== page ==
Time lapse is the process of taking a frame of video at a preset interval that’s longer than the normal 24-30 frames per second of video. The result is that motion is sped up and long processes can be condensed down to a few seconds. This technique, especially when combined with motion, can produce some of the most attention-grabbing shots of the video.

 

 

Aerial Drone Video
Drones are essentially remote-controlled helicopters that have a camera mounted to the bottom. Instead of hiring a full-size helicopter for upwards of $900/hour, a drone can be had for far less and they can fly in smaller spaces. These are great for huge subjects like buildings that need a sense of scale.

The Extras—Lighting

Lighting isn’t necessary on every shoot, but in certain cases, it’s absolutely essential. Video cameras don’t work very well in low light, so lighting can be a necessity, and your videographer should have a professional video light kit at his disposal when needed.

The Essentials—Editing

Commonly referred to as post production, editing is the process of cutting down the raw footage to a usable length with only the most compelling content in the final product. This is an essential part in the process because a good editor can help tell the video’s story, while an amateur editor can quickly ruin the hard work of the video capturing and produce a garish final product that the client won’t want to use for their marketing video.

Non-linear Editing Equipment
The majority of the editing is done in this first program, and the editor should be closely linked with the client during this phase to ensure the final product is exactly what they want. Two rounds of client-specified revisions are common in the industry.

Compression/Transcoding Software
Your videographer should be able to compress and transcode your video to suit your end purpose. Do you want your video on your website? Or a DVD? Maybe you want to optimize it for YouTube? All of these should be provided by the vendor.

The Extras—Graphics

A quality graphics package that incorporates the look and feel of the client’s current marketing materials will give the video a cohesive look and feel that matches their brand. This is the finishing touch on the video that gives it a professional look, engages viewers, illustrates intangible points, and lets your viewers know you’re serious about marketing.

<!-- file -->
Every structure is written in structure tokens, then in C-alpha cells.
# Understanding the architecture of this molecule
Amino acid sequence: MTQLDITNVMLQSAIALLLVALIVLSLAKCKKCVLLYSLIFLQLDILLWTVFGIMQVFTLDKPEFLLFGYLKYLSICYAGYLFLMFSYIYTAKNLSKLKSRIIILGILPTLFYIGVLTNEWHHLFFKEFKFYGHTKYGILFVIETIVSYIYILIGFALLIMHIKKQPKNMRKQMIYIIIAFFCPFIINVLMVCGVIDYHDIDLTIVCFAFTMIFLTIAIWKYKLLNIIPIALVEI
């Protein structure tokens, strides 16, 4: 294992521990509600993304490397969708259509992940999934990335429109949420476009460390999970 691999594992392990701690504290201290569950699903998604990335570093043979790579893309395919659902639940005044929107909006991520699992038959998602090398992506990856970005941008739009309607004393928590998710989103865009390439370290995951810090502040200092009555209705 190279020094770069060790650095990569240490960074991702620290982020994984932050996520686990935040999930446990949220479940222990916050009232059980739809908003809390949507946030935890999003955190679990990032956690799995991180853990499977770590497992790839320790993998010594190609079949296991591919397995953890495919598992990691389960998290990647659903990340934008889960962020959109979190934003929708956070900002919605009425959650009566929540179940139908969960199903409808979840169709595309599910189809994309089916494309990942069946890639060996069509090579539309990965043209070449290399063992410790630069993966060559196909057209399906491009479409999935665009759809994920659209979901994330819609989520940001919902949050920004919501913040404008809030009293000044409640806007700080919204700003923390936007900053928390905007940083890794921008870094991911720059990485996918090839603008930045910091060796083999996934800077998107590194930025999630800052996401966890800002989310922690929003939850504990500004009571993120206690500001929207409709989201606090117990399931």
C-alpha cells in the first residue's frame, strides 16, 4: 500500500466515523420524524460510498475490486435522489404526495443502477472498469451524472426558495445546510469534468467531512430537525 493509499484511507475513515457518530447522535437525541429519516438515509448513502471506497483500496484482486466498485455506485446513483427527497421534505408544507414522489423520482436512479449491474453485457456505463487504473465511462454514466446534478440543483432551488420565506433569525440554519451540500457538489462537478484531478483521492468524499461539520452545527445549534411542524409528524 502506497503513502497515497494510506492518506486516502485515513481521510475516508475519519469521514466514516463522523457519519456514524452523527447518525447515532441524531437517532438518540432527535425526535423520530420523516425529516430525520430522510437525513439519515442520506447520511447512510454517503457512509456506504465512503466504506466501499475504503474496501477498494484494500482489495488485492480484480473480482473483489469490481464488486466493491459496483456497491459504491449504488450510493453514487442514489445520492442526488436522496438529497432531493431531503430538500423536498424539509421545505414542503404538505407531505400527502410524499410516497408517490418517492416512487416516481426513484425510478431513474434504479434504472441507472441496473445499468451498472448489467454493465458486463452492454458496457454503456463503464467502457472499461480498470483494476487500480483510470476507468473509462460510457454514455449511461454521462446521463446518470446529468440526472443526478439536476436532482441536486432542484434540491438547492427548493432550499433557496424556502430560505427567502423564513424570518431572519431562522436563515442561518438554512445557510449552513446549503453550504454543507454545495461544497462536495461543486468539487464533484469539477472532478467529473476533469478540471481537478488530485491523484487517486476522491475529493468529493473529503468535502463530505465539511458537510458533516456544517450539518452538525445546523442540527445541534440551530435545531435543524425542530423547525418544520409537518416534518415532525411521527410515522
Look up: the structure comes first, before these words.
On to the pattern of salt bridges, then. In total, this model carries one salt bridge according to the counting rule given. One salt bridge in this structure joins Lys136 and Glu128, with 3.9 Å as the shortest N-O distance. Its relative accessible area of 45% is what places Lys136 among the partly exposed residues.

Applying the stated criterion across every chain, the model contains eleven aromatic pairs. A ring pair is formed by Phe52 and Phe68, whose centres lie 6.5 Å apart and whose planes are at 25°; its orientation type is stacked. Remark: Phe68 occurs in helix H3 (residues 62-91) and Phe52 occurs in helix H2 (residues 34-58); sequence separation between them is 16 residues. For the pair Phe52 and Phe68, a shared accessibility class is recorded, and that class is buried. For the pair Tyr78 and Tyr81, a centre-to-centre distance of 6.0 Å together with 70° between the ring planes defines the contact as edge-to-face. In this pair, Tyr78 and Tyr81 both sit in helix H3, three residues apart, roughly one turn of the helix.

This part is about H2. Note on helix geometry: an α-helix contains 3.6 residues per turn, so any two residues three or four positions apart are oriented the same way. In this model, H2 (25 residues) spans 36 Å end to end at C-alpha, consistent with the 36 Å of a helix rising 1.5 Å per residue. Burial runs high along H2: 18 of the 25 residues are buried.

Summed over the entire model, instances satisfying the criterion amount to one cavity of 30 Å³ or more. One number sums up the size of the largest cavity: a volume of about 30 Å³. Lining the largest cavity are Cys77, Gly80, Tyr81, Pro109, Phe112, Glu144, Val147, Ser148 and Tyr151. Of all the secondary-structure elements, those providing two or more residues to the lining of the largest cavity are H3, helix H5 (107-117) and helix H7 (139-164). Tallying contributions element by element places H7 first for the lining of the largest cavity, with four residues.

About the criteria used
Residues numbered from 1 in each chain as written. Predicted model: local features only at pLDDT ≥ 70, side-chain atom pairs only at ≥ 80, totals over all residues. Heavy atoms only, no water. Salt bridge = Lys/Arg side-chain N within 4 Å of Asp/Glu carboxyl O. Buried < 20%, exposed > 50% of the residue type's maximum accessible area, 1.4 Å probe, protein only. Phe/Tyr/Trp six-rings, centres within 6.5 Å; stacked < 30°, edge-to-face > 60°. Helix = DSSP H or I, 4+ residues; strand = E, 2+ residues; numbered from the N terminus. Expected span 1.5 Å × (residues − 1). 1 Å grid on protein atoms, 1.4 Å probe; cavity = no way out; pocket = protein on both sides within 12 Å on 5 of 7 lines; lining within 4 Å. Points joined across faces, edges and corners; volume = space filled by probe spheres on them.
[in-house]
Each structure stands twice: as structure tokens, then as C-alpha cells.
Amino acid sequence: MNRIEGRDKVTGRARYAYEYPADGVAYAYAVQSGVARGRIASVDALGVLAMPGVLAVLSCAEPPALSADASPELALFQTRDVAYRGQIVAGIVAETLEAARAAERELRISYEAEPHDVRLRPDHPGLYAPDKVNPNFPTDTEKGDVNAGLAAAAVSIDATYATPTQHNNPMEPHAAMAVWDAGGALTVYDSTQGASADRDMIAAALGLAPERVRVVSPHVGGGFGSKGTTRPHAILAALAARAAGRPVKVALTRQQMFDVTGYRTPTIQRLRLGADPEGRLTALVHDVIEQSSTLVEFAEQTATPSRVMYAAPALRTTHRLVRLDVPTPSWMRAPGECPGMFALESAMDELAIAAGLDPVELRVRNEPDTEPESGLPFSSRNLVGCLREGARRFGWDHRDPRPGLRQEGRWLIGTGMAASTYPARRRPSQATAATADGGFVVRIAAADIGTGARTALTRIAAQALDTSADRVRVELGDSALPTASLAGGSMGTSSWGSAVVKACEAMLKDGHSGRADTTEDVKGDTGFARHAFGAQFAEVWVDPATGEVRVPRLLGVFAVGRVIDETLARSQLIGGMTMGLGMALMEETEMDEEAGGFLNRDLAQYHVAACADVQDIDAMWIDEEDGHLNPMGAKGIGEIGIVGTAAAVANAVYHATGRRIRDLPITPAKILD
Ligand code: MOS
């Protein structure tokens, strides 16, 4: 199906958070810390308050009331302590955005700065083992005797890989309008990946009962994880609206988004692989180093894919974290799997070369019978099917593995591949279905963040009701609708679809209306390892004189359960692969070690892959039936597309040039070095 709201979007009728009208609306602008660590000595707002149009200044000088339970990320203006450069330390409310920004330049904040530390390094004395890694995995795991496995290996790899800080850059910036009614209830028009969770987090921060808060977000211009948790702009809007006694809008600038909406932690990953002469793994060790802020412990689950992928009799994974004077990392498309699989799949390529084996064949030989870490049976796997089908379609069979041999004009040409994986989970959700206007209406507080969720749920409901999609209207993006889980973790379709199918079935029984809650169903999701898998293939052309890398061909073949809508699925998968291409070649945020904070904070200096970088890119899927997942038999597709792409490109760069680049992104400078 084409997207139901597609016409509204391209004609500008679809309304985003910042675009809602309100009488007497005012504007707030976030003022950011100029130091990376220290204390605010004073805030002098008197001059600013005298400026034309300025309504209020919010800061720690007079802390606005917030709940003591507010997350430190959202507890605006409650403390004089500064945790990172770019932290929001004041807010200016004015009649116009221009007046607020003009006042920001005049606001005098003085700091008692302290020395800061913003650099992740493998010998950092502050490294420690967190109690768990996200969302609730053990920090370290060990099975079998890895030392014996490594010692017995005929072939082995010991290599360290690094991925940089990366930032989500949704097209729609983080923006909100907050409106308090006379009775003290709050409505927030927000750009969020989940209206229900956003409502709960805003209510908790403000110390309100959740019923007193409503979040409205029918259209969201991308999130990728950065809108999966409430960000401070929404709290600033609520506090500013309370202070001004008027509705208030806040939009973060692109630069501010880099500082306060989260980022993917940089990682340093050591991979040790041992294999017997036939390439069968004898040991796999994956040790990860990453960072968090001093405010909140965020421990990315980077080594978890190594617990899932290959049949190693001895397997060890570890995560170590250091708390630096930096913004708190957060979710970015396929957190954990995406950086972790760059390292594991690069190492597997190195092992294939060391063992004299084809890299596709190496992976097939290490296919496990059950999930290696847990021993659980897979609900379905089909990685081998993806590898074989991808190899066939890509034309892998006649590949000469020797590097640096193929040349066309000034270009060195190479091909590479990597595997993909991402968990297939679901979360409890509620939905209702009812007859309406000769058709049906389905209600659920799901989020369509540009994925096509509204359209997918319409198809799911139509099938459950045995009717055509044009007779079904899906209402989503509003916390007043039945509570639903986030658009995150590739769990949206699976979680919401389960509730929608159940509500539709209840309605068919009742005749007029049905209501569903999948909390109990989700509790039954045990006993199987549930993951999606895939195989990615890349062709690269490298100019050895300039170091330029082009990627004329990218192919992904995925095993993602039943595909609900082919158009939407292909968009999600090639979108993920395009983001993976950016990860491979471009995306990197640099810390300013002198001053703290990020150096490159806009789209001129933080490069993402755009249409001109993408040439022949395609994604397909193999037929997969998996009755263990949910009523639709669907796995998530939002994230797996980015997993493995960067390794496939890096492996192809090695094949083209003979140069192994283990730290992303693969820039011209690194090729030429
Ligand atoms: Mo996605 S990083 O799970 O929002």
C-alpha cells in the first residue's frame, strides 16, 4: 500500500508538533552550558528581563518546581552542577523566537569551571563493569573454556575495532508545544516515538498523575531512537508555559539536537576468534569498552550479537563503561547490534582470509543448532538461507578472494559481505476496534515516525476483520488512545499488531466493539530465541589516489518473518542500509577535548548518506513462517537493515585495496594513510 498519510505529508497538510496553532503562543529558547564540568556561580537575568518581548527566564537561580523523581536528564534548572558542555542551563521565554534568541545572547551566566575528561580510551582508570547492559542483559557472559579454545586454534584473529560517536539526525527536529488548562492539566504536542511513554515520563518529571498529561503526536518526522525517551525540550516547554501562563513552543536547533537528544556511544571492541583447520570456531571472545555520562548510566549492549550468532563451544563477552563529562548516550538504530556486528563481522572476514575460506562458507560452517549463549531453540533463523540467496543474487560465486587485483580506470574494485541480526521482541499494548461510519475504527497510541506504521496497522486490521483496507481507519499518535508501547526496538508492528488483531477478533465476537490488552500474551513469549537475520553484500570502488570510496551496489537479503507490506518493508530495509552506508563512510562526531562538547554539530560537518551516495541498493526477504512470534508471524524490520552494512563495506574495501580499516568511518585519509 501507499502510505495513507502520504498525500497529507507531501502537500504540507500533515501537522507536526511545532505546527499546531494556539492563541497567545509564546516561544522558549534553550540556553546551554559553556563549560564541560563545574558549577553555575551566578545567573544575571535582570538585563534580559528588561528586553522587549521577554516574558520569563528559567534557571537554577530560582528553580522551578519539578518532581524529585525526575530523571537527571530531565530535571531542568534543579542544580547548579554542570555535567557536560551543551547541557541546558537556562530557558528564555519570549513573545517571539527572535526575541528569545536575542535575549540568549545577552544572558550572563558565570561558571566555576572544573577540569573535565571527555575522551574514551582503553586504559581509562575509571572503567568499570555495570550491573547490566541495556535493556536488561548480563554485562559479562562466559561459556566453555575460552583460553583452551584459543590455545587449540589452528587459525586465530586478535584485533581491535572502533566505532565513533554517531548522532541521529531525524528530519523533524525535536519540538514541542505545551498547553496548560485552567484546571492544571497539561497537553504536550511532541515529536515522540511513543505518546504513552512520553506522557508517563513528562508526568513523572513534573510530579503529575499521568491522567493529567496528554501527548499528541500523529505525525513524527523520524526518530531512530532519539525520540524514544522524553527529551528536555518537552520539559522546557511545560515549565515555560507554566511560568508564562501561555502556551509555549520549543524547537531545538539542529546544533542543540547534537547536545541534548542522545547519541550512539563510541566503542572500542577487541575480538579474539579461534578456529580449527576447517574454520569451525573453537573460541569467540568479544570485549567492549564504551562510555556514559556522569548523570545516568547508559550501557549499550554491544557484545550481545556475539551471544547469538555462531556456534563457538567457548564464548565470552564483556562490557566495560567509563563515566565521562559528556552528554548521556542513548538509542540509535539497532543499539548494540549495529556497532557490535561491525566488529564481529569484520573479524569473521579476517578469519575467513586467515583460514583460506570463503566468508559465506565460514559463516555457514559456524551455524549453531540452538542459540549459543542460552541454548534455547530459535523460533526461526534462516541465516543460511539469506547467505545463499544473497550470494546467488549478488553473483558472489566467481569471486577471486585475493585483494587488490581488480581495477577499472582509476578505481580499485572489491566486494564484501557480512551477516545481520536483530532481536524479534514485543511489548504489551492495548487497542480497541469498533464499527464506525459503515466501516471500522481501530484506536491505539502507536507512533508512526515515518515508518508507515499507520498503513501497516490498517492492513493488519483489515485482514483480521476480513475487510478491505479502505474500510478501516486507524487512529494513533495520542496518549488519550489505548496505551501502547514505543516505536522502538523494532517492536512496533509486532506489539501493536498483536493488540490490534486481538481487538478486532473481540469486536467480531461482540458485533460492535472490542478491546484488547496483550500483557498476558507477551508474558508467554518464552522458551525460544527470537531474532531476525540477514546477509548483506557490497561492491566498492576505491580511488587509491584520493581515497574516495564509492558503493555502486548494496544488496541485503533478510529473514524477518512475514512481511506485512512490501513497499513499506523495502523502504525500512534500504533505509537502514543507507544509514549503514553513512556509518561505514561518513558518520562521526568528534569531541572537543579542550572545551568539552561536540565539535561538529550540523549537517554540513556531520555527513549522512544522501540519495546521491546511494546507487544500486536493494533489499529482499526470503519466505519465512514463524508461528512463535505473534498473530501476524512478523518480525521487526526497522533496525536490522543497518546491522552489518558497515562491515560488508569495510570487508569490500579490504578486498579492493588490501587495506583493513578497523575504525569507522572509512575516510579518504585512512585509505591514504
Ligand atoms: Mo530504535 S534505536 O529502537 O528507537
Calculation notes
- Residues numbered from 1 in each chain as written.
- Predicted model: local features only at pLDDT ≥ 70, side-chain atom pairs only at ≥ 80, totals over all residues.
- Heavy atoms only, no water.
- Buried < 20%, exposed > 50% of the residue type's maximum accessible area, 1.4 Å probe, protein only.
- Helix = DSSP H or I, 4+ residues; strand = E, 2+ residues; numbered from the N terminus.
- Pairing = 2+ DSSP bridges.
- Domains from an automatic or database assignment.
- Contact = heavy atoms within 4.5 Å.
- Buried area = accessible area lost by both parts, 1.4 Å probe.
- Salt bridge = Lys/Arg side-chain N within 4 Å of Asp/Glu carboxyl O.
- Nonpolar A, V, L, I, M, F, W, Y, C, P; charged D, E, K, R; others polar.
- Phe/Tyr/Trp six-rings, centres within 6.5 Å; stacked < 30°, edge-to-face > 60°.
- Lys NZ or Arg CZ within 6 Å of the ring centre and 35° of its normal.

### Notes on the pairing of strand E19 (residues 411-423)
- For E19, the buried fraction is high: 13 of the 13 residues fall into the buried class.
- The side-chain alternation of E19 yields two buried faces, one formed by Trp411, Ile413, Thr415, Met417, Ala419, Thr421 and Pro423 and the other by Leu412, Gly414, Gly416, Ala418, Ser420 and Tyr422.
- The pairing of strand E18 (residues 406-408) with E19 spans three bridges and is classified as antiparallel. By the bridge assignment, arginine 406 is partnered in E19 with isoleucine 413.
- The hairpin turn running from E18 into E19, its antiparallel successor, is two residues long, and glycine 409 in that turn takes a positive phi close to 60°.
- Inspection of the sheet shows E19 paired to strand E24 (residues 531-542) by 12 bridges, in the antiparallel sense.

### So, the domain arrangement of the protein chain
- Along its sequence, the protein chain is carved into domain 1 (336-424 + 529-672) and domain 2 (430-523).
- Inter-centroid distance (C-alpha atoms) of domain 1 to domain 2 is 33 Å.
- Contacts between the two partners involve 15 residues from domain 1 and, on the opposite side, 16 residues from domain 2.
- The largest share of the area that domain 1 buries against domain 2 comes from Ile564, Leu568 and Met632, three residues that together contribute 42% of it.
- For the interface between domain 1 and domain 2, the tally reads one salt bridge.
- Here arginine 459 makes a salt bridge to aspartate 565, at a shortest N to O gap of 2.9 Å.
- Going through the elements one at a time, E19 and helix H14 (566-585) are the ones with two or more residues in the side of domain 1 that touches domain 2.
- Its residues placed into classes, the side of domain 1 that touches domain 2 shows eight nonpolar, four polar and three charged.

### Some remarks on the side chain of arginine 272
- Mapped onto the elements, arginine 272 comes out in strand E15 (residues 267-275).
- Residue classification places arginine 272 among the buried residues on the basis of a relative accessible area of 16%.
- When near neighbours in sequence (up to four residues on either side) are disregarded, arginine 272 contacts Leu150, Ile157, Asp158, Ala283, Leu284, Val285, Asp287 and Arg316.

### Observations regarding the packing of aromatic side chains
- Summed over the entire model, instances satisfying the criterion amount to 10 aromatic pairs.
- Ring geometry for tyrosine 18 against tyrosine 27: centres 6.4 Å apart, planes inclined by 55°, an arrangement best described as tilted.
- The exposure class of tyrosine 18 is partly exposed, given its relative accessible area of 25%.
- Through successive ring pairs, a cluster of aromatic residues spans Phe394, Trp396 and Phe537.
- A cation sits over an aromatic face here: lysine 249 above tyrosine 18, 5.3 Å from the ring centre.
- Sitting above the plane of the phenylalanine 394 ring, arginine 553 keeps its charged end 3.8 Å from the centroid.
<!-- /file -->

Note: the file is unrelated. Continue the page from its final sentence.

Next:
Lower Thirds
Lower thirds are the graphics bars at the bottom of the screen (the lower third of the screen) that list the subject’s name, where they work or what they represent, and sometimes a website. Lower thirds help to solidify the subject’s message by putting a name to a face.

3D
3D-Example (1) 3D graphics are the next level of graphics presentation that can amaze viewers and help illustrate intangible ideas. For example, it’s possible to model a product that doesn’t even exist yet in a 3D program so the audience can see how it works. Other applications include logo animation and integration in live action footage.

Motion Photos

Screen Shot 2016-03-25 at 12.32.05 PM Motion photos take a regular photo, divide up the layers, then move them in digital space to give a larger-than-life, documentary feel that can’t be matched with simple panning and zooming on static images. Not all photos will be great candidates for this process, but high-resolution photos will generally work to stunning effect.

With all these moving parts, a video production can feel daunting, but with CSK Creative, we walk you through the entire process and involve you in every step of the process so you know your final video will be exactly what you wanted. A huge part of the whole process is the pre-production meeting, where we consult with you to find out your goals for the video project and how we can best meet them.

Contact CSK Creative today so we can start the process of establishing your goals and building the relationship that will lead to the best possible marketing video for your company.